To the right of the P key on your keyboard (if it is a standard English keyboard) you should see two keys, both having brackets on them.
One set of brackets is square, the other is curly.
To put text into bold, simple use the square brackets and put a letter B between them at the start of the bold section, then at the end repeat the process, but insert a forward slash before the B.
I will show you what it looks like here, but I'll use round brackets, otherwise the code will work...
I want (b)this text(/b) to be bold
I want (i)that text(/i) to be italic
I want (b)(i)the other text(/i)(/b) to be bold and italic

I want this text to be bold
I want that text to be italic
I want the other text to be bold and italic

Now, if you're too lazy to do that with the keyboard, then I suggest you slow down your typing, and think about what you'r saying.

Here endeth today's lesson.



[ September 13, 2003, 02:25 AM: Message edited by: Wear the fox hat ]
post #17 of 37
Thread Starter 
That's very helpful, Fox.

Now all you lazy emphasizers have a plan. (Moi aussi.)

You too, disski... hey, that was easy!
post #18 of 37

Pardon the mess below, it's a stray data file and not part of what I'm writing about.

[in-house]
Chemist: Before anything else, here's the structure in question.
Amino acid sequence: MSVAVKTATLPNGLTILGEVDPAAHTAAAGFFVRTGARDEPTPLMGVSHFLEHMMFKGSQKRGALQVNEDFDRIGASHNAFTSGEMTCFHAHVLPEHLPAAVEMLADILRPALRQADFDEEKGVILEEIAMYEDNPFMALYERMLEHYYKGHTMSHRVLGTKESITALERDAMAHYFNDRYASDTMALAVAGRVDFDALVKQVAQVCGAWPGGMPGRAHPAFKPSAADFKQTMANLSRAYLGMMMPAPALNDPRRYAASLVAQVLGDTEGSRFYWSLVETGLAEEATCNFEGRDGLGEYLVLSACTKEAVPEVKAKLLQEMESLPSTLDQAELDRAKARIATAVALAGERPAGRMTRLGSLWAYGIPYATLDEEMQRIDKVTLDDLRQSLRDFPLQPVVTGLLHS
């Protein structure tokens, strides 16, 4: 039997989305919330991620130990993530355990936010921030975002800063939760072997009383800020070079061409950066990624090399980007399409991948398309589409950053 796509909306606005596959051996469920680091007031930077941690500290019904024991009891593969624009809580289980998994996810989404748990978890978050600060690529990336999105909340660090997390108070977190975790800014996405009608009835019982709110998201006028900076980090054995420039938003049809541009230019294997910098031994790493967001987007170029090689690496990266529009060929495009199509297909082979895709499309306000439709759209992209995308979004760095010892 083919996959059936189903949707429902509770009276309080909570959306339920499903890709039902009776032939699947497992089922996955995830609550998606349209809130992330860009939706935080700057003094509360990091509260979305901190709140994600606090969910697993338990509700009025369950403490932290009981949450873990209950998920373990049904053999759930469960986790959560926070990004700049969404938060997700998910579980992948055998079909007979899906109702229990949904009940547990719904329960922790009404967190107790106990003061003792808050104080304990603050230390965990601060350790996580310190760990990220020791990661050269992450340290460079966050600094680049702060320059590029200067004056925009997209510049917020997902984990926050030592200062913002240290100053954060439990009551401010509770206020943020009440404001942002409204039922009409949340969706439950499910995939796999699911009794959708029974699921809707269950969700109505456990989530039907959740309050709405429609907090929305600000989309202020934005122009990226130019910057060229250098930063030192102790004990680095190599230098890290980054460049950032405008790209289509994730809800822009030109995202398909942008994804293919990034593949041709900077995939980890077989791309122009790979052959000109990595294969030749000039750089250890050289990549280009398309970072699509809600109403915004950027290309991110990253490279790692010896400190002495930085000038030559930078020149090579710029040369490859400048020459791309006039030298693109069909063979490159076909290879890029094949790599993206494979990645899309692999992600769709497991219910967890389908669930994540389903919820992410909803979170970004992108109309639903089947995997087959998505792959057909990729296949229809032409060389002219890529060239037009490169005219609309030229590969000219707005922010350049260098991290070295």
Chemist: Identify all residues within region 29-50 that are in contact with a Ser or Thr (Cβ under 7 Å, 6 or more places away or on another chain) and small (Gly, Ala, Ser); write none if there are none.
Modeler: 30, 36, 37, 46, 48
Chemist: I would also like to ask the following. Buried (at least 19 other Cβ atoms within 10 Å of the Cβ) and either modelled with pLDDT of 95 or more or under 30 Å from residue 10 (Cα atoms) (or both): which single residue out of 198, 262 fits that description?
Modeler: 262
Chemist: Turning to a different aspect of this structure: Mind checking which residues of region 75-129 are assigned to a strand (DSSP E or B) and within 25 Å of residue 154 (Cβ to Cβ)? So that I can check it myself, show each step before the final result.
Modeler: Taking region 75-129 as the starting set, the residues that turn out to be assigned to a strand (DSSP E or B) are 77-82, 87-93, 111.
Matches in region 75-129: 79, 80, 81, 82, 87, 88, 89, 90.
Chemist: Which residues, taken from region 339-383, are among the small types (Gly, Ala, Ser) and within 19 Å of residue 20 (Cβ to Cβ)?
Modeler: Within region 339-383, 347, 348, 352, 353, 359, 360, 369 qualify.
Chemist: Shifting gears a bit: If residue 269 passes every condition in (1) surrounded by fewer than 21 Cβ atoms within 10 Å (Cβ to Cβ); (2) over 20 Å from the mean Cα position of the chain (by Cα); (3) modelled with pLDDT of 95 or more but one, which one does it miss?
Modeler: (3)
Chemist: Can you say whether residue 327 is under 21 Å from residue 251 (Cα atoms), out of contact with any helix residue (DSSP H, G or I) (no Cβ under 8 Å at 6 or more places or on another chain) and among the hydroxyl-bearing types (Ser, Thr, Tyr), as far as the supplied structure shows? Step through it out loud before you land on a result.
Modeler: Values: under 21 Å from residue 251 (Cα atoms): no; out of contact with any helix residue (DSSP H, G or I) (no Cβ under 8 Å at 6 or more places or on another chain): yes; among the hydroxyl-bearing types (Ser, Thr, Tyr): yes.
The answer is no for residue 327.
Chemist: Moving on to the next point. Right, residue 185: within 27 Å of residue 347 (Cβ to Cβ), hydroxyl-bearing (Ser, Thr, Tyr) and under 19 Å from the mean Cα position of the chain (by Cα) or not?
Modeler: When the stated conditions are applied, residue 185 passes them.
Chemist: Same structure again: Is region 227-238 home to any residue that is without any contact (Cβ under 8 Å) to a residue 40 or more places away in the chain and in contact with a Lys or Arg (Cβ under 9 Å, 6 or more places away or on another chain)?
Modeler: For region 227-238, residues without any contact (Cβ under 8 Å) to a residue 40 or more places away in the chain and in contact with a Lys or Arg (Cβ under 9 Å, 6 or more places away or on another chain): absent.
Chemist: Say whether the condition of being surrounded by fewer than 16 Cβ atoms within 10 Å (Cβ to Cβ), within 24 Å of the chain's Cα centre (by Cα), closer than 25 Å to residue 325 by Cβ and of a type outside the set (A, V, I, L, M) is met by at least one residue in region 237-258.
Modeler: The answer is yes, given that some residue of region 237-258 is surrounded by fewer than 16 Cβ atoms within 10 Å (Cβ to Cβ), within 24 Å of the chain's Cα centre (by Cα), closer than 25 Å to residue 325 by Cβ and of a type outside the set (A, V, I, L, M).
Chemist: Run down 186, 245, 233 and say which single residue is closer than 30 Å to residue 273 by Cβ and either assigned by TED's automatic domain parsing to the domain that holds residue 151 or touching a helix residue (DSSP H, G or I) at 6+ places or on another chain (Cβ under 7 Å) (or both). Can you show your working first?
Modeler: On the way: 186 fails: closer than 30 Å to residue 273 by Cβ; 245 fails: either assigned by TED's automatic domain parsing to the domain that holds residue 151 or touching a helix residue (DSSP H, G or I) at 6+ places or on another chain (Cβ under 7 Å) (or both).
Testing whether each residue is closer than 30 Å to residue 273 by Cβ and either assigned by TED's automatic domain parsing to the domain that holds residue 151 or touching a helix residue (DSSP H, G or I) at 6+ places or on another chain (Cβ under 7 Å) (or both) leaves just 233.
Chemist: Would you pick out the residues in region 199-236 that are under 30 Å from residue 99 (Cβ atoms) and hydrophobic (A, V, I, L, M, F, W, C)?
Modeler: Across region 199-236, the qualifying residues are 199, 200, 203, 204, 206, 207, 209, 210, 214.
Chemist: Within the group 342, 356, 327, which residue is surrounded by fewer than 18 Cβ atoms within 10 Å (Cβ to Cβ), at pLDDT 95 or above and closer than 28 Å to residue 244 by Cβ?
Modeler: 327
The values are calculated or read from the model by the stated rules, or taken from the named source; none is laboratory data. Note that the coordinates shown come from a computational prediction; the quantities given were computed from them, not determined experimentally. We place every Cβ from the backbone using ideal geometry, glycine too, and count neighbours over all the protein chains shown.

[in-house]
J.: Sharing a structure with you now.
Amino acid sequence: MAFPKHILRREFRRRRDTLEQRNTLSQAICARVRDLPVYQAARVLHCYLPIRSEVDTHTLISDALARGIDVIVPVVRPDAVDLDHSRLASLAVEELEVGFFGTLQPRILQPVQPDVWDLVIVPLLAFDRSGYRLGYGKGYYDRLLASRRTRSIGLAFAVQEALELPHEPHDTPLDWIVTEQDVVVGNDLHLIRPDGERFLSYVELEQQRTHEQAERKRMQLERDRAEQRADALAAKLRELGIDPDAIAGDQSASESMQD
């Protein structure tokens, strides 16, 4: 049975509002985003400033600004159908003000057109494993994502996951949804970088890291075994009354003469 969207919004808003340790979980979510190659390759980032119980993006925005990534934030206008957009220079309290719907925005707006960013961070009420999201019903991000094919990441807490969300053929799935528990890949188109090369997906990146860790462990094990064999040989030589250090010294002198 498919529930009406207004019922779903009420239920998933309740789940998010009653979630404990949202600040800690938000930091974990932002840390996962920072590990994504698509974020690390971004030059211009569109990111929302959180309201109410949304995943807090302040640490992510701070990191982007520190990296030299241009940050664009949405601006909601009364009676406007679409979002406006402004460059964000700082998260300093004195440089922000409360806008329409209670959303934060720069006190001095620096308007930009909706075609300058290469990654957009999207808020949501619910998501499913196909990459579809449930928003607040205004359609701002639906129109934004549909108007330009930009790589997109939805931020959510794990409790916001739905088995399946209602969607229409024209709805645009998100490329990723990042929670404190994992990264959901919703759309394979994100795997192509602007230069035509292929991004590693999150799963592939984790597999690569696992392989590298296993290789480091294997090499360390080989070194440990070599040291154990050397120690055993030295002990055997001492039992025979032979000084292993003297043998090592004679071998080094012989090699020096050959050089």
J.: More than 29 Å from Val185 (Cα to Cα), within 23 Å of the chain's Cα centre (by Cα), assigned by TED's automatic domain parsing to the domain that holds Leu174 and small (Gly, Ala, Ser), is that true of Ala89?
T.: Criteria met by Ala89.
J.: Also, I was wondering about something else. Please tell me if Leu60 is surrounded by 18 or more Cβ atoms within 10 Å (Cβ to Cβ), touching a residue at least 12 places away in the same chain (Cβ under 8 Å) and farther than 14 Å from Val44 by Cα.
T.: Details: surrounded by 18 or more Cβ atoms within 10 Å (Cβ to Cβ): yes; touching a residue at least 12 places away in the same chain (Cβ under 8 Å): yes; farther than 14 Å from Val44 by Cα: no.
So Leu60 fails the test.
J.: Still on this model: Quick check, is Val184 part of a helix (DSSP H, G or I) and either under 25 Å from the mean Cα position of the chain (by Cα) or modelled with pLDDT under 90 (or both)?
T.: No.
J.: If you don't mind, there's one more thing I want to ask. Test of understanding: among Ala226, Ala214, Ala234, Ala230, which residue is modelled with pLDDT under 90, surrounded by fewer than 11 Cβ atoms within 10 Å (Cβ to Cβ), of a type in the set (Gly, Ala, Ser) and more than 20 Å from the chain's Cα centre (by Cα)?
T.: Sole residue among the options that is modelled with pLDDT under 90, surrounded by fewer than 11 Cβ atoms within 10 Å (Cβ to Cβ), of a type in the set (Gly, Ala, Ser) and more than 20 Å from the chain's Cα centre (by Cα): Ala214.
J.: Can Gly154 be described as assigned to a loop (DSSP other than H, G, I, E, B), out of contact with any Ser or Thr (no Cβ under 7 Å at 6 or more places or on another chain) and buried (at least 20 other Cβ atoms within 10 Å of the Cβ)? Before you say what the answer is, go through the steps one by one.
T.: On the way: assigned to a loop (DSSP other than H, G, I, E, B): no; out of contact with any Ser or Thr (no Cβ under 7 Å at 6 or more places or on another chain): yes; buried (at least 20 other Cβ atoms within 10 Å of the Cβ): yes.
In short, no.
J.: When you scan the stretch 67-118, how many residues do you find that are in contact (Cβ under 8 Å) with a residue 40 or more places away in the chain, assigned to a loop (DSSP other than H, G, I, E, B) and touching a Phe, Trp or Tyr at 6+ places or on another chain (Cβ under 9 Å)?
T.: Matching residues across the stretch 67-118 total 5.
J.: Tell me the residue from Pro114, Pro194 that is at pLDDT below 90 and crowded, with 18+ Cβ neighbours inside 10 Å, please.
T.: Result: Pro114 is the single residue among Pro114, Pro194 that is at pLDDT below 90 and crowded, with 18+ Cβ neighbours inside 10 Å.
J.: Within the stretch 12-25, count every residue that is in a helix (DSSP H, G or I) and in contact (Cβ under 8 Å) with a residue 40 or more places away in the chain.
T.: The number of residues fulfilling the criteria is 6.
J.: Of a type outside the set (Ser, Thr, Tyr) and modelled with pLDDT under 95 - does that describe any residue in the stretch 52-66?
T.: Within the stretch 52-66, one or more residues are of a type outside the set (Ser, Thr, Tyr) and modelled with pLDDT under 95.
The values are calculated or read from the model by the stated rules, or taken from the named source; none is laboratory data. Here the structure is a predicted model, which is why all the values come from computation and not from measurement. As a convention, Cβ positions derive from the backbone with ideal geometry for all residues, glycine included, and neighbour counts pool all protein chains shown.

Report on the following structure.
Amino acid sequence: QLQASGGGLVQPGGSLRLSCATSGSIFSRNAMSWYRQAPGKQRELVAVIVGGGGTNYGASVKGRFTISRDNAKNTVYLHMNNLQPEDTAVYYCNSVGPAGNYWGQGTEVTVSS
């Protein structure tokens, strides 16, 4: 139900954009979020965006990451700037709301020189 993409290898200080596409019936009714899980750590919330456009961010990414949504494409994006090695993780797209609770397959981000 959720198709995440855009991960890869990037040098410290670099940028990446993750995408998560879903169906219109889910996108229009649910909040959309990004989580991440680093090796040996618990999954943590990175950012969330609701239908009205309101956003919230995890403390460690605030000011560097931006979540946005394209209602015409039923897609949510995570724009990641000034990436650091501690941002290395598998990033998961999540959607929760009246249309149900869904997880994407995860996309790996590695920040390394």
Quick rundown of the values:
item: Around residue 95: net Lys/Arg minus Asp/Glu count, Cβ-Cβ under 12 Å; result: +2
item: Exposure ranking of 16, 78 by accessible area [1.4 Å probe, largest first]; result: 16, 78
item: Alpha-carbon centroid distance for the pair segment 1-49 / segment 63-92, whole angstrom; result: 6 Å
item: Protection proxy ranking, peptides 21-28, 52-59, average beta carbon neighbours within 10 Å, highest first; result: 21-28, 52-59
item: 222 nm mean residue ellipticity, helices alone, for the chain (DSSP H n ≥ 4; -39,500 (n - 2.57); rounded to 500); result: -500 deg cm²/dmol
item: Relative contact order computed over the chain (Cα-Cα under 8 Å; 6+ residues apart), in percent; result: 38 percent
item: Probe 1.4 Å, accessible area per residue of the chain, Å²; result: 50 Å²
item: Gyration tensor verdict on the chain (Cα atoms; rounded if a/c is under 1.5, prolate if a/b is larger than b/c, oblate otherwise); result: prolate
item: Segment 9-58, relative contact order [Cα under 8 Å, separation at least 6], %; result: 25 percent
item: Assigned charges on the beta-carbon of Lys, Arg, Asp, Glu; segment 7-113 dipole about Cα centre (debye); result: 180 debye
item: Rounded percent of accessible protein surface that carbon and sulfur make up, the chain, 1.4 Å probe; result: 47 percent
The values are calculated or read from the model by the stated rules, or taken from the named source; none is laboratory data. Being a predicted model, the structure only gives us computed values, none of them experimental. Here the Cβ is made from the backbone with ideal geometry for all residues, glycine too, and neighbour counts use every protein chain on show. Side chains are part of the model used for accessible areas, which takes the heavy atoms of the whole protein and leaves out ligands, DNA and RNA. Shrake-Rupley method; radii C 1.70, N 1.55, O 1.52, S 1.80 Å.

Yeah, Fox, thanks for making this more work!
post #19 of 37
I want to go heli-skiing!
post #20 of 37
I NEED to go skiing
post #21 of 37
Ok, I'm guilty of using an apostrophe instead of quotes as in 'Springhill Crazie' instead of "SC". I'm much more lazy than Bonni, I hate to use the shift key. I thought I was doing well just to capitalize I when speaking of myself. Perhaps it is a revolt against people who use the two handed, double fingered hand signal to quote their speech. That's MY pet peeve.

If MS Word does not correct it, you will see it.
post #22 of 37
Yeah, and you spelled "crazy" wrong.
post #23 of 37
Thread Starter 
I see we're cultivating a nice can of worms on this thread. Moving from apostrophes to quotation marks around dubious quotes, eh? I was so "happy" to receive his "attentions" I had a hard time "concealing" it. Do the quotes add value, or not?
post #24 of 37
They only add value if the sentence was preceded by:

Presidential Intelligence Test

Put quotation marks around the following words:
1. Happy
2. Attentions
3. Concealing

[ September 15, 2003, 04:47 AM: Message edited by: Wear the fox hat ]
post #25 of 37

post #26 of 37
[ September 15, 2003, 08:44 AM: Message edited by: Bec ]
post #27 of 37
For all the hard of hearing in the ski world .... OZ IS GOING ORRRRRFFFFFFFFF.



sorry nolo I didn't realise you where "standing" there

[img]smile.gif[/img] : [img]smile.gif[/img] :
post #28 of 37


sorry nolo [img]smile.gif[/img]

I will be there in 3 more sleeps for day number 32 and 33 of the season.
post #29 of 37
It's insane!!!!!!

Sunday at Hotham was just awesome (especially after I found my ski). Heading to Falls this w/e. Can't believe it's the middle of September. Also can't believe Hotham isn't extending their season.

post #30 of 37
Oh my. I was at Hotham on Sunday tooo. White\grey Phenix parka, black pants, blue Smith goggles n SX11 skis. Epic epic day. Back to work now .... sated, sore n very happy.

Oz [img]smile.gif[/img]